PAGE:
“Yesterday Brian Frye (@brianlfrye) (Kentucky) tweeted:
I am sad. @SSRN has decided that my article about Gremlins (1984), “In re Patentability of the Peltzer Inventions,” does not qualify for “public” status because it is “opinion, advocacy, or satire.” Why judge? Oh well. You can still download it here: http://www.ssrn.com/abstrac_id=3371989.
I followed Brian’s direct link to the piece. The abstract refers refers to the many inventions of the movie’s Randall Peltzer character, and explains, “This essay takes the form of an opinion letter valuating the patentability of Peltizer’s inventions.” I don’t teach IP, but I like Brian’s work and so I downloaded the essay. It struck me as funny and as an excellent teaching tool. But if you go to Brian’s author page on SSRN, you wouldn’t be able to access the paper. You wouldn’t even see it.
I myself have posted material that apparently doesn’t meet SSRN’s criteria for a “scholarly paper,” including this interview with the principal drafter of some important state trust legislation (and the interview itself has been cited in subsequent scholarship) and this short piece for Tax Notes reviewing estate and gift tax law review articles published in 2016 (even though SSRN published my similar pieces reviewing scholarship for the years 2015, 2014, 2013, 2012, 2011, 2010)….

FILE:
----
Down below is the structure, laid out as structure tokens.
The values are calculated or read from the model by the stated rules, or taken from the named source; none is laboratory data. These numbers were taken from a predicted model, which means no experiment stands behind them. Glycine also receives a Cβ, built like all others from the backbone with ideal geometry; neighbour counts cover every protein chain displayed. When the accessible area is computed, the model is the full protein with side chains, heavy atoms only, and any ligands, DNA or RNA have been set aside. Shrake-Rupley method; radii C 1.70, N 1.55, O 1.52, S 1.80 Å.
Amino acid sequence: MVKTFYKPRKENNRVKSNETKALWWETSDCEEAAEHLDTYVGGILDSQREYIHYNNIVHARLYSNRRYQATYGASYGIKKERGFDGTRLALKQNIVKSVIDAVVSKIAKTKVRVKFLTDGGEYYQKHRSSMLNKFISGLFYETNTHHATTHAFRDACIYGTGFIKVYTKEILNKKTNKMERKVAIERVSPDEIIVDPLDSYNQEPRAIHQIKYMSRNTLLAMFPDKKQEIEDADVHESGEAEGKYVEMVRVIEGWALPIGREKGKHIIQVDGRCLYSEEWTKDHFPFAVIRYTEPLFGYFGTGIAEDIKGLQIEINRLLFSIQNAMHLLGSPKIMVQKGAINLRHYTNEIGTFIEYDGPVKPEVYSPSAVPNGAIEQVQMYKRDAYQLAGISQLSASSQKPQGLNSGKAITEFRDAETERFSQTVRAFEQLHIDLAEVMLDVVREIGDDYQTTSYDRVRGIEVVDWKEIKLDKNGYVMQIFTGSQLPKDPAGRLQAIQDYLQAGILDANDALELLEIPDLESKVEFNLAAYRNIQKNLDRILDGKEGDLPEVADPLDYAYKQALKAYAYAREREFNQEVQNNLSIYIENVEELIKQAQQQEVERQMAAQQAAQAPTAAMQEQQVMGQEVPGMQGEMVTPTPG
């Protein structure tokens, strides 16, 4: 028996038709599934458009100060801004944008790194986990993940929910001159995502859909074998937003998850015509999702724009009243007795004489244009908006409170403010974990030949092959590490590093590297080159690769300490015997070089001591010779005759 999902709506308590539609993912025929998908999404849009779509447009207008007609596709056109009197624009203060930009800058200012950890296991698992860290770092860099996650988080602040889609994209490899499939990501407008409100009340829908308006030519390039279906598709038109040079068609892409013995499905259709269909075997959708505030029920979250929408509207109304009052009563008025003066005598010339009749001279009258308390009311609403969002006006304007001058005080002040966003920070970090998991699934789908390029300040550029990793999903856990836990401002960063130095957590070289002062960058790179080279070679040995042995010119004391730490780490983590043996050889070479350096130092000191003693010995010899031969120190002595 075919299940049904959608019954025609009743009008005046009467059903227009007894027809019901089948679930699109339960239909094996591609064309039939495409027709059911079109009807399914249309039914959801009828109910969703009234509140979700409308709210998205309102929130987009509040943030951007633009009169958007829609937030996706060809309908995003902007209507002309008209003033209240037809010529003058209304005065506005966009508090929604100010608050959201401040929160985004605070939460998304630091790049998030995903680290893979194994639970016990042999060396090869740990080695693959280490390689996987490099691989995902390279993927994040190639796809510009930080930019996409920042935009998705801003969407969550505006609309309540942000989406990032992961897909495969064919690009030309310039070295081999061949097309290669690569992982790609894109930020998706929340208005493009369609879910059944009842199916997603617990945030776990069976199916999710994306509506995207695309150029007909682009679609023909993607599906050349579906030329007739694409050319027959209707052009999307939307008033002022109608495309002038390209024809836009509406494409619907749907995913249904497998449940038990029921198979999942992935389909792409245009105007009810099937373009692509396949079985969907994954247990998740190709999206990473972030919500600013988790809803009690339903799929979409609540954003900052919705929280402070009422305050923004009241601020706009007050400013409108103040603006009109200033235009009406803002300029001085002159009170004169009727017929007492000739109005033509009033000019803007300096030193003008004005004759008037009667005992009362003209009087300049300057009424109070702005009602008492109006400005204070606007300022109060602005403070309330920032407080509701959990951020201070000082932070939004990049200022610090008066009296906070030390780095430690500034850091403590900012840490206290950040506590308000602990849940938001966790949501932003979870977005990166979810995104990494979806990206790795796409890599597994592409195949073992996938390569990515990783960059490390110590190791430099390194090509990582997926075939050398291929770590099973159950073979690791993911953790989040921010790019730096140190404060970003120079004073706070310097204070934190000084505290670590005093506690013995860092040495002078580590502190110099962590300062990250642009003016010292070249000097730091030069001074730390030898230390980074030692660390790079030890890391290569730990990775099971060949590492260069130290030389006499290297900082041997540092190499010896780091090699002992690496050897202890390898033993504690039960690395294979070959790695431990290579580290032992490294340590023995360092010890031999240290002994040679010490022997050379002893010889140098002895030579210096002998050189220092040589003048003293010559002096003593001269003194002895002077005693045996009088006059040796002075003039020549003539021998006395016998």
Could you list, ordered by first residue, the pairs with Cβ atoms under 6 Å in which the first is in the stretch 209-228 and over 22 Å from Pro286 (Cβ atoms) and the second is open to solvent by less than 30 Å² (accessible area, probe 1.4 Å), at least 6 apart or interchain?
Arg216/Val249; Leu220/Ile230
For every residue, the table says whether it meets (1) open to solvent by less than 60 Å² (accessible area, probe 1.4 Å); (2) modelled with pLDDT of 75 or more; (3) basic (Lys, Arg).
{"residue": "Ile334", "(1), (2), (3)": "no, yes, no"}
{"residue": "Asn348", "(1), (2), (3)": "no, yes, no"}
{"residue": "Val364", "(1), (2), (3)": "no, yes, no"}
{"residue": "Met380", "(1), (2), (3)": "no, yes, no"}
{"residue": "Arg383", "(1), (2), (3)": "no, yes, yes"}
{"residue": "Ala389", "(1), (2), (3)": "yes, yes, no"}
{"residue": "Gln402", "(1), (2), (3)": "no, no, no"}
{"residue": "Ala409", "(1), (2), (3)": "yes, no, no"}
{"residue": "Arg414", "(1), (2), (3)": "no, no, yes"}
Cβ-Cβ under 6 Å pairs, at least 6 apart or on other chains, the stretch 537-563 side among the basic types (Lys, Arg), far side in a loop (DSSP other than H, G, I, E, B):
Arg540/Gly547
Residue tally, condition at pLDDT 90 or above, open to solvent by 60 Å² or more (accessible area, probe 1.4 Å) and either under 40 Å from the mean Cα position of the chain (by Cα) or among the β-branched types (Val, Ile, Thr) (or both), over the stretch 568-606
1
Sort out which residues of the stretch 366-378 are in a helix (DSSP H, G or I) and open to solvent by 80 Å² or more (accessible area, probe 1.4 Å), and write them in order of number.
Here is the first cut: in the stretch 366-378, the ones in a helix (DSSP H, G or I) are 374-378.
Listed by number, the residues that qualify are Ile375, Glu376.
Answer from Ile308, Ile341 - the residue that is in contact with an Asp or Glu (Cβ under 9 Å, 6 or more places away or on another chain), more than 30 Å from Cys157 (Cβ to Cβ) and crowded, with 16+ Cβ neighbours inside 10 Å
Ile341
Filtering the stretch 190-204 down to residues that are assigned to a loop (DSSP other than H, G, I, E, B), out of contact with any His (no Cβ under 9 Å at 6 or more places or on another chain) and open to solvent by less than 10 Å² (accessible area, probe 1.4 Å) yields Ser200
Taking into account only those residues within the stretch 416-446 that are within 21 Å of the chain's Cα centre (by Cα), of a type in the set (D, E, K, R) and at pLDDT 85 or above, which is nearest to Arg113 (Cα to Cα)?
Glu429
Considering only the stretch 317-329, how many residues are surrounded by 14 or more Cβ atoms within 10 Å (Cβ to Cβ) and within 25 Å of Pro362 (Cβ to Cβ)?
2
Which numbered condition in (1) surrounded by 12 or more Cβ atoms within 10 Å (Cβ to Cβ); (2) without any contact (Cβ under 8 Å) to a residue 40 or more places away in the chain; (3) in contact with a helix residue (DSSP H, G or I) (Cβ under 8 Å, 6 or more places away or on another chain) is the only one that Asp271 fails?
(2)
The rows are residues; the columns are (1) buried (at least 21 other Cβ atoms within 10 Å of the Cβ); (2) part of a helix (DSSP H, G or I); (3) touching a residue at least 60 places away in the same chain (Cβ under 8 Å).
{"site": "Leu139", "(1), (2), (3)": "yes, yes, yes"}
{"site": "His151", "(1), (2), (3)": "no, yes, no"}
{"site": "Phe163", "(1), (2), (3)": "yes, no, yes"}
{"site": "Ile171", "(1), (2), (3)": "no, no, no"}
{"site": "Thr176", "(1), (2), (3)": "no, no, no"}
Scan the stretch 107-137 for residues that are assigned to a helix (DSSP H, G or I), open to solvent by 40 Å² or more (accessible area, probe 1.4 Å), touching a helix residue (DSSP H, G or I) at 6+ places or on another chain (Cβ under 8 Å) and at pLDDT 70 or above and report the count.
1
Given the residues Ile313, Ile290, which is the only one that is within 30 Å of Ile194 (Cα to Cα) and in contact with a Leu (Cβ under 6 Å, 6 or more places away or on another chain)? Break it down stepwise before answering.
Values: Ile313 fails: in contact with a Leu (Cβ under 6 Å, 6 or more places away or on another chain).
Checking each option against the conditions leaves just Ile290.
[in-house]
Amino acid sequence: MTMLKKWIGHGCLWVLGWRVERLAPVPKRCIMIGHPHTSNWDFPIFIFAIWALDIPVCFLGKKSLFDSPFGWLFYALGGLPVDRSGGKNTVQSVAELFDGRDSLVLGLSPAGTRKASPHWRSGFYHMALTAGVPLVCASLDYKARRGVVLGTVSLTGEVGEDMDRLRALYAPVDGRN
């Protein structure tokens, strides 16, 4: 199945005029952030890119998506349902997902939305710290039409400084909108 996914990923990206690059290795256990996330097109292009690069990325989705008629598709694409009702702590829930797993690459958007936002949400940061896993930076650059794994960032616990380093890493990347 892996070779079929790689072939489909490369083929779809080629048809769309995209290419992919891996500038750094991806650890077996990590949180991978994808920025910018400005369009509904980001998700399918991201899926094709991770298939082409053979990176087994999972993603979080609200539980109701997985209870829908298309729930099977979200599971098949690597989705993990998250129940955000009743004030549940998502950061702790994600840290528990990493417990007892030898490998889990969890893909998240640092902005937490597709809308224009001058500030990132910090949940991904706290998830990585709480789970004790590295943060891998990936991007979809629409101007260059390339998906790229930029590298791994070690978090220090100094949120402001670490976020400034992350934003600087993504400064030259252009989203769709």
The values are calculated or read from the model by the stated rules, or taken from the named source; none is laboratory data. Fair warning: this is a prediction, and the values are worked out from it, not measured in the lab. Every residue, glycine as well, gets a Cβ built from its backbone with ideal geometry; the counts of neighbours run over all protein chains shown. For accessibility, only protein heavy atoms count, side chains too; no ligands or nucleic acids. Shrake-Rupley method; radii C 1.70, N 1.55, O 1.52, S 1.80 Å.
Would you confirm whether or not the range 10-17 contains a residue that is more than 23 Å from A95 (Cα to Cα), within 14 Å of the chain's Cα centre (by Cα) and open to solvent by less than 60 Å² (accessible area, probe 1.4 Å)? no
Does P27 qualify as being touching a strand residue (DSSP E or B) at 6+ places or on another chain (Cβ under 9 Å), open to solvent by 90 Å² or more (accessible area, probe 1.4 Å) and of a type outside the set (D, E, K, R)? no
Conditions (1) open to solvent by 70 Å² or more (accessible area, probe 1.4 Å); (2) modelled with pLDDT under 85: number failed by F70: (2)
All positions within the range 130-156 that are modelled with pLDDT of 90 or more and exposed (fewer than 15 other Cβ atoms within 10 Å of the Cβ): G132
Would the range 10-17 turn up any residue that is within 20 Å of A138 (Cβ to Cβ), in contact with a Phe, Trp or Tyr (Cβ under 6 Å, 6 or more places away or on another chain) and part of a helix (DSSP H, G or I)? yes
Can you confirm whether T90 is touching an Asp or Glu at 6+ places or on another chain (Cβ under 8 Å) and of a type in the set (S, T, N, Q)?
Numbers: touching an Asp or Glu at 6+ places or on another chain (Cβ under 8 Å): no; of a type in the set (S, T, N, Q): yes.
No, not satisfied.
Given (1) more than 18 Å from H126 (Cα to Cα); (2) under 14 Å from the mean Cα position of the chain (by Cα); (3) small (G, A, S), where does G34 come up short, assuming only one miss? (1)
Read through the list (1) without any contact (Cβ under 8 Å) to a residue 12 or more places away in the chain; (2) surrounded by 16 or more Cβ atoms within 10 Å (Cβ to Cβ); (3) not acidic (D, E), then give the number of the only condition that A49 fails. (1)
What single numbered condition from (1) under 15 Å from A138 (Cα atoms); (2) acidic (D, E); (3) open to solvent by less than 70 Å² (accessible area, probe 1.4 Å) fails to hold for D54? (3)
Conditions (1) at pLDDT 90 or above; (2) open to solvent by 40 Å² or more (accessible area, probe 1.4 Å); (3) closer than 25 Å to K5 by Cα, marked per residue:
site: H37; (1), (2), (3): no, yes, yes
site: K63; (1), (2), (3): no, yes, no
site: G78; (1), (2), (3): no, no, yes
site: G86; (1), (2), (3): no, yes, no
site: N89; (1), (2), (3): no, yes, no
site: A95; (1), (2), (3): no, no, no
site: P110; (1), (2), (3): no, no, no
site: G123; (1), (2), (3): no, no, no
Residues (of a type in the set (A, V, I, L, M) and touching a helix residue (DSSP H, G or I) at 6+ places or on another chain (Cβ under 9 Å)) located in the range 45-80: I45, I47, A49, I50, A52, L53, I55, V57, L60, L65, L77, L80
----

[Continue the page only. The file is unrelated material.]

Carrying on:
Does the classification of publicly-available “scholarly” papers and privately-available “non-scholarly” papers as applied serve SSRN’s mission? To me, the answer is no. Brian Frye’s patentability piece, which strikes me as a great teaching and learning tool, has an easy home in the “Law Educator: Courses, Materials & Teaching eJournal,” if not the substantive IP eJournals (not my field). Oh, but wait, are “Courses” scholarship? They must be. So must be “Materials,” because they are publicly available and only “scholarly” works are publicly available. But Brian’s piece isn’t “teaching material” in SSRN’s universe? That doesn’t make any sense to me.
Like others, I have been (and remain) skeptical of Elsevier’s acquisition of SSRN. Since then, I’ve noticed that papers tend to take longer to get “approved” (the longest wait I’ve had is 6 weeks, and even then, I had to contact customer service to point out that it had been 6 weeks since submission, and could SSRN pretty please post the piece). I find useless the JEL Classificiation Codes (not an Elsevier invention), at least in the case of the “Law & Economics” (or “K”) codes applied to most law review scholarship. These sort codes are so blunt as to be useless for my research, at least. Maybe the codes work better in Economics (after all, the classification system was developed by the Journal of Economic Literature)….”